Friday, December 9, 2022

Legal

Global trade involves several processes with up to 20+ documents being interchanged for a single shipment between various stakeholders in the chain. For years, global trade documentation has been characterized by physical documents that were issued, released,...
The Model Law on Electronic Transferable Records (MLETR) by UNCITRAL aims to enable the legal use of electronic transferable records that are functionally equivalent to transferable documents or instruments.. Transferable documents or instruments typically include bills...

Is a bill of lading by any other name still a bill of lading..??

As we know, a Bill of Lading (B/L) is one of the most commonly used commercial documents in the history of global trade and shipping.....

Electronic Bill of Lading – Are you and your country ready for it..?? Part 3

Some good seems to have come out of the COVID-19 pandemic after all.. Global trade has reached record levels, ocean carriers have gained record...

BIMCO publishes new Sanctions clause for Contracts of Affreightments

The sanctions landscape has grown increasingly complex. International sanctions regimes are constantly changing with new restrictions being added and new persons and entities being...

Liability of the shipper on the bill of lading

There have been several questions about the “liability of a shipper on a bill of lading”.. As we have discussed, any one can be a shipper on the bill of lading and may not necessarily be the actual exporter or seller of the goods that are covered in the bill of lading..

It is not uncommon for a Seller to be pursued by the Carrier for unpaid charges incurred in relation to the cargo, say, due to the Consignee failing to come forth and take delivery.

More often, this comes as a shock to the Seller given that they may have received payment under their contract for sale of goods and subsequently transferred the negotiable Bill of Lading by endorsement (either to a named party or in blank).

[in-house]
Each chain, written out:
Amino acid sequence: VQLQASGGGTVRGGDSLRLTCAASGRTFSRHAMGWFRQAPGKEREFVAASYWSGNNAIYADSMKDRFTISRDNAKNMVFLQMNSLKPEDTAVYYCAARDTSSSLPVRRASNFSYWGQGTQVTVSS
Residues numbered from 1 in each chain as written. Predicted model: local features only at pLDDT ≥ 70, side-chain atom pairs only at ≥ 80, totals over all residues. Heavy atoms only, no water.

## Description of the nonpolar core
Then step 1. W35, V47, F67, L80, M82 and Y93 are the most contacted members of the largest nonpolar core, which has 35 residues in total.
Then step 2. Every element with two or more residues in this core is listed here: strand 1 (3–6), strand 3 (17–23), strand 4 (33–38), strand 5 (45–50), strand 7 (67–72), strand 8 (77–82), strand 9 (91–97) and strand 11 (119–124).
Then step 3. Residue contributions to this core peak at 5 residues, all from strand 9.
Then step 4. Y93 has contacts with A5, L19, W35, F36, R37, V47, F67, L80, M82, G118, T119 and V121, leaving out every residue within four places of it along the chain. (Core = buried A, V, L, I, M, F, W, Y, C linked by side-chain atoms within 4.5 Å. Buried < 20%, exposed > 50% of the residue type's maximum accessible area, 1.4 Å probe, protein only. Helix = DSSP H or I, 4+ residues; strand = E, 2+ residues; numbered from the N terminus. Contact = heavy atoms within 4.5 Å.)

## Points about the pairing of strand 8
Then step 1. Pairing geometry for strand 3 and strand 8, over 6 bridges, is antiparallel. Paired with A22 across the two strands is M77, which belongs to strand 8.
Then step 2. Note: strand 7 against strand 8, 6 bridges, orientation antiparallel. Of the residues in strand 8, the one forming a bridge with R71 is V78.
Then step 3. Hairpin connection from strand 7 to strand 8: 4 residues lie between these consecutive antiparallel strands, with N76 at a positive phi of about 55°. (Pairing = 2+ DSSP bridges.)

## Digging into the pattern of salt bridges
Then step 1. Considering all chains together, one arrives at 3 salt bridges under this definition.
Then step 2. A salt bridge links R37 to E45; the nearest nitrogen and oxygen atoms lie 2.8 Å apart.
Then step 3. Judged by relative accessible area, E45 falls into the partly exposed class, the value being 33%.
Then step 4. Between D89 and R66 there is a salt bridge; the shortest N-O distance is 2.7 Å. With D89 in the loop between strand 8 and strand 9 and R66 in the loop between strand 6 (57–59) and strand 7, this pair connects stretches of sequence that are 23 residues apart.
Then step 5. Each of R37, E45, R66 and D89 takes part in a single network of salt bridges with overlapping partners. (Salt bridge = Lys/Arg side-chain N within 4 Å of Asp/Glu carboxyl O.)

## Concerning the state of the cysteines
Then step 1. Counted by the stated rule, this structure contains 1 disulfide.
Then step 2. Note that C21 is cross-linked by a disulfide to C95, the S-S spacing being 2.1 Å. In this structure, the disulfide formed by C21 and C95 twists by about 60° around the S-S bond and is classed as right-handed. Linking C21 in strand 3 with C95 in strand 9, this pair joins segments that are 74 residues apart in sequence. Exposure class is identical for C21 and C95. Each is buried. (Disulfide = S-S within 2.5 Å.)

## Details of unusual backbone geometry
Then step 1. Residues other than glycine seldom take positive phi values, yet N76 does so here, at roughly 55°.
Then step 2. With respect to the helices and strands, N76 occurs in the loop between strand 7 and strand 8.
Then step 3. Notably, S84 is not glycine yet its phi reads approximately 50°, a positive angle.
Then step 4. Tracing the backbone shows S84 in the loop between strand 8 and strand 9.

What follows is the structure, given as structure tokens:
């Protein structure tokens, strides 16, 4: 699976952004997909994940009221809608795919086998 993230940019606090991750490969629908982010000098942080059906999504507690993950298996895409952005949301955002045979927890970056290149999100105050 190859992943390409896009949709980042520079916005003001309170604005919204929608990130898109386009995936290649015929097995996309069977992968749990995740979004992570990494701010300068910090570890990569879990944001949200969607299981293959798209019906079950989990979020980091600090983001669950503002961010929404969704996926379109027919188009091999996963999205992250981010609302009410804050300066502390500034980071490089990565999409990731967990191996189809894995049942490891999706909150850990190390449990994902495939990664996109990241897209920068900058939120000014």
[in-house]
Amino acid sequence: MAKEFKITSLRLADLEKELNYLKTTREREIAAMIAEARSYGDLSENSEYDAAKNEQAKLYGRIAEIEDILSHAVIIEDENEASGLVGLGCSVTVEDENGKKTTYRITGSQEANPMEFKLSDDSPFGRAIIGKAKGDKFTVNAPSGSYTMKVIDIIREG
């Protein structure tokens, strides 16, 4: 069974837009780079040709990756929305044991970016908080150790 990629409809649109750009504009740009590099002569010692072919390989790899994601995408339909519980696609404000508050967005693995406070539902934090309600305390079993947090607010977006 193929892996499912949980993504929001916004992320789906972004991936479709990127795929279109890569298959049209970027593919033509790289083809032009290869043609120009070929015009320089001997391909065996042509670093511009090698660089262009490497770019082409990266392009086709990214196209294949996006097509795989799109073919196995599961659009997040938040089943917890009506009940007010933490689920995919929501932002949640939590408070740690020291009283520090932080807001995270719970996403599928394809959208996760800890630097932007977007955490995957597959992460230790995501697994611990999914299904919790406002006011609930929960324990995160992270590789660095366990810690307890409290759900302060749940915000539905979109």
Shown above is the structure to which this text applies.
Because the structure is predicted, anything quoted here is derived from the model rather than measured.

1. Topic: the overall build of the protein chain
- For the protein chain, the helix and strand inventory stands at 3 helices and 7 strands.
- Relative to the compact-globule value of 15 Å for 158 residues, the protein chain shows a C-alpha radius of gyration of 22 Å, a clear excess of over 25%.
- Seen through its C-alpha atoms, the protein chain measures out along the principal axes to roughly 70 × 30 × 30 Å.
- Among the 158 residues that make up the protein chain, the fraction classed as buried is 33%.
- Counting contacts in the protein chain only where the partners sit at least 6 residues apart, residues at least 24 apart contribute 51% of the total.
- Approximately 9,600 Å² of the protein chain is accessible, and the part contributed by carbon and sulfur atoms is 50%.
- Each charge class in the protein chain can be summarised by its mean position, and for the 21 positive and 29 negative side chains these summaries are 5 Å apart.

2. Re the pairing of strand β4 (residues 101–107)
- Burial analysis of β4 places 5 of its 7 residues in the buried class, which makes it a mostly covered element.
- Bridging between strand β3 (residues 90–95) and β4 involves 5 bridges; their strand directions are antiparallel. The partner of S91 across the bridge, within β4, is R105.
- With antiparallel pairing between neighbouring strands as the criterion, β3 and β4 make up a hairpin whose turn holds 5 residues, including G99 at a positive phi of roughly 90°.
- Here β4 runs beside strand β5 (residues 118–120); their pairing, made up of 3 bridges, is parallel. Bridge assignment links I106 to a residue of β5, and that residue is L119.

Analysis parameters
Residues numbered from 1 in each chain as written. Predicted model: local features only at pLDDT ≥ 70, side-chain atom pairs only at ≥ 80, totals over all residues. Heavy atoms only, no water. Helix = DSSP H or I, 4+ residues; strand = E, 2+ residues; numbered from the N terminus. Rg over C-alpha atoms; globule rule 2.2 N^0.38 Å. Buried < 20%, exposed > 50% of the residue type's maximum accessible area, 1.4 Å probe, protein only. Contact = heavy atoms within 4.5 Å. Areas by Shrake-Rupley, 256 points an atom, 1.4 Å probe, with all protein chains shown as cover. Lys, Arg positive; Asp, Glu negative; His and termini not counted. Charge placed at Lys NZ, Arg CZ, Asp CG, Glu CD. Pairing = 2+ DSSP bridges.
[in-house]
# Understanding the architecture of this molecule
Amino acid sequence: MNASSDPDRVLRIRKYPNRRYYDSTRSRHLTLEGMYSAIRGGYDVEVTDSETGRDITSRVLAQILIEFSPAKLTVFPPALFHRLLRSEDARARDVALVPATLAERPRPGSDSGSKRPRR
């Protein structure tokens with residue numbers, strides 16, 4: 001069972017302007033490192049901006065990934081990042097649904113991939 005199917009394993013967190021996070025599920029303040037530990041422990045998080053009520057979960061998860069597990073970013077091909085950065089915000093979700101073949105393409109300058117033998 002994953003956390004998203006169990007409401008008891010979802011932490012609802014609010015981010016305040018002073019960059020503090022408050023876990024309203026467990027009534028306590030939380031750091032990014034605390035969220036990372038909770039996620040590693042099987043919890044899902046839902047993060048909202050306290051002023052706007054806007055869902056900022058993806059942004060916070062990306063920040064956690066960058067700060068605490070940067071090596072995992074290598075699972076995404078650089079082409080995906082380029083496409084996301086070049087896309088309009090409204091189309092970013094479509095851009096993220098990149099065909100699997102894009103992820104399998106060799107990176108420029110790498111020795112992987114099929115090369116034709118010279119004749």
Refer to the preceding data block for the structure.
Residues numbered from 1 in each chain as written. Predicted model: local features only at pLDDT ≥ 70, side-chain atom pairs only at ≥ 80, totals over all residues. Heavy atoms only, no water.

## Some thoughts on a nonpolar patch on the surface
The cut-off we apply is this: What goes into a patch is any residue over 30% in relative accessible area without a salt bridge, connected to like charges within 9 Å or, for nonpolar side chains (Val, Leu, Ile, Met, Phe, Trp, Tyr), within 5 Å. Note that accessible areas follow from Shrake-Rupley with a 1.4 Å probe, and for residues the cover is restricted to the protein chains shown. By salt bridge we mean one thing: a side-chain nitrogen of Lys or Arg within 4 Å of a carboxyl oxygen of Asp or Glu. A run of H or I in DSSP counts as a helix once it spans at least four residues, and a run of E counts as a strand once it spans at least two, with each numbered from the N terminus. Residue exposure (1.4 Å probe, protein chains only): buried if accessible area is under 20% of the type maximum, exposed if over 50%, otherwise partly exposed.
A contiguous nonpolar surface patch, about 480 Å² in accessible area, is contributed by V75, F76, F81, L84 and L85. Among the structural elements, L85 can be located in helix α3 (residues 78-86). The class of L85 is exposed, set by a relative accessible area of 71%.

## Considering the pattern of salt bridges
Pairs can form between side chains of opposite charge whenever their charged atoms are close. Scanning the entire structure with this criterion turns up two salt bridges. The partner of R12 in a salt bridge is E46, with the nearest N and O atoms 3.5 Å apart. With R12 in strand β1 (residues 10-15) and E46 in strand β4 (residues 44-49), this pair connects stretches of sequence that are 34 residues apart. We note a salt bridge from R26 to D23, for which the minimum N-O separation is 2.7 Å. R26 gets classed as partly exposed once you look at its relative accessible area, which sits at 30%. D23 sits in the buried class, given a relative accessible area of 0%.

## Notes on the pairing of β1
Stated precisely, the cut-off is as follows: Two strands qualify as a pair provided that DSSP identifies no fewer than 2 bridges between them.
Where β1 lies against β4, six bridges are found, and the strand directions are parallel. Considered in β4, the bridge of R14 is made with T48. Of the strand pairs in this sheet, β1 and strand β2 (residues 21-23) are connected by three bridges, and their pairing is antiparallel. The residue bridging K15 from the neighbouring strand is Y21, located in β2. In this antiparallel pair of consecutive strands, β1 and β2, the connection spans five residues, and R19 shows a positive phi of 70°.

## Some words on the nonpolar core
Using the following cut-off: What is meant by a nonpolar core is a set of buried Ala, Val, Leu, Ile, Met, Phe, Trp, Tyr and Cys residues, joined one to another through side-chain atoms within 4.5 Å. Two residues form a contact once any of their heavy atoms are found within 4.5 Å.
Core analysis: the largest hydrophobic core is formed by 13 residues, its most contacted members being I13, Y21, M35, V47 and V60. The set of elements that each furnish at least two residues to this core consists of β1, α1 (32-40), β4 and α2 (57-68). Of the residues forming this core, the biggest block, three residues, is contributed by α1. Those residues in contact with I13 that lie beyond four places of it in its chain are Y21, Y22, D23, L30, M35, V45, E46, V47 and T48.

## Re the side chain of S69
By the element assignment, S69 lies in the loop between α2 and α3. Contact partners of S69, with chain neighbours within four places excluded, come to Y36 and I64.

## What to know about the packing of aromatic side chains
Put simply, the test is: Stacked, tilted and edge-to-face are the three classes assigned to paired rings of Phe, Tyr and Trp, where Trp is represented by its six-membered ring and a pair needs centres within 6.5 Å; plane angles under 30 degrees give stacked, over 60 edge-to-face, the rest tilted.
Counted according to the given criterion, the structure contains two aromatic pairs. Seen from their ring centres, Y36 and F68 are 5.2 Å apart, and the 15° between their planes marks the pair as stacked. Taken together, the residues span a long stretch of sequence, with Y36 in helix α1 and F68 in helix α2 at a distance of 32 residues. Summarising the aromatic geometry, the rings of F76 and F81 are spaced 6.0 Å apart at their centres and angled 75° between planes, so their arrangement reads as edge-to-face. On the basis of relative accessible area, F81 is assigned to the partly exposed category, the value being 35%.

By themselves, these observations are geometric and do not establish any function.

The Seller generally presumes that they do not bear any liability and instead believe that the Carrier only has a right to pursue the Consignee.

The below article by Muthu Jagannath explains the liability of the entity who is listed as a Shipper in the Bill of Lading (“BL”)..

Ever Given in a nutshell

Whether for its size and status as one of the largest container ships in the world or because it was famously termed as a “boat that was stuck in a canal”, the Ever Given will remain in people’s minds either as a memorable incident (to those who worked to free it) or as a haunting incident (to the ship owner, ship operator, ship crew and soon maybe the customers)..

Muthu Jagannath of NAU Pte Ltd., provides relevant and pertinent information about the Ever Given, its arrest, the implications of the arrest, insurance and counter claims in this article originally published on their website..

The Ever Given saga continues, amid positive news for some of the crew

With the Ever Given still “legally” stuck in the Great Bitter Lakes in Suez Canal, discussions and concerns have turned to various other issues relating to the cargo, the ship’s crew and General Average.

The “arrest” of the ship by the Suez Canal Authority (SCA) which intends to recover losses of around $916 million including $300 million for salvage bonus and $300 million for loss of reputation, has further complicated life for the ship crew who must have been having anxious moments no doubt.

Help, shipping line won’t pre-date or back date my bill of lading

Pre-Dating or Back Dating is when the shipper requests the shipping line to show the Shipped on Board date on the bill of lading as a date before the actual sailing of the vessel (example : the vessel actually sails on the 2nd of March but shipper wants the line to show the shipped on board date on the bill of lading as 28th of February)..

Why would a shipper want his bill of lading to be pre-dated or back dated and why would a shipping line reject this request..??

Letter of Indemnity – Dos and Don’ts

Many of you might have heard the term Letter of Indemnity (LOI) in day to day shipping practice..

There have been several arguments, discussions, commercial threats, litigation etc surrounding this LOI..

But many still have doubts on what an LOI is, when it can and should be used, whether it is legally enforceable and whether it is worth the paper it is written on..

I will try to answer these questions in this article..

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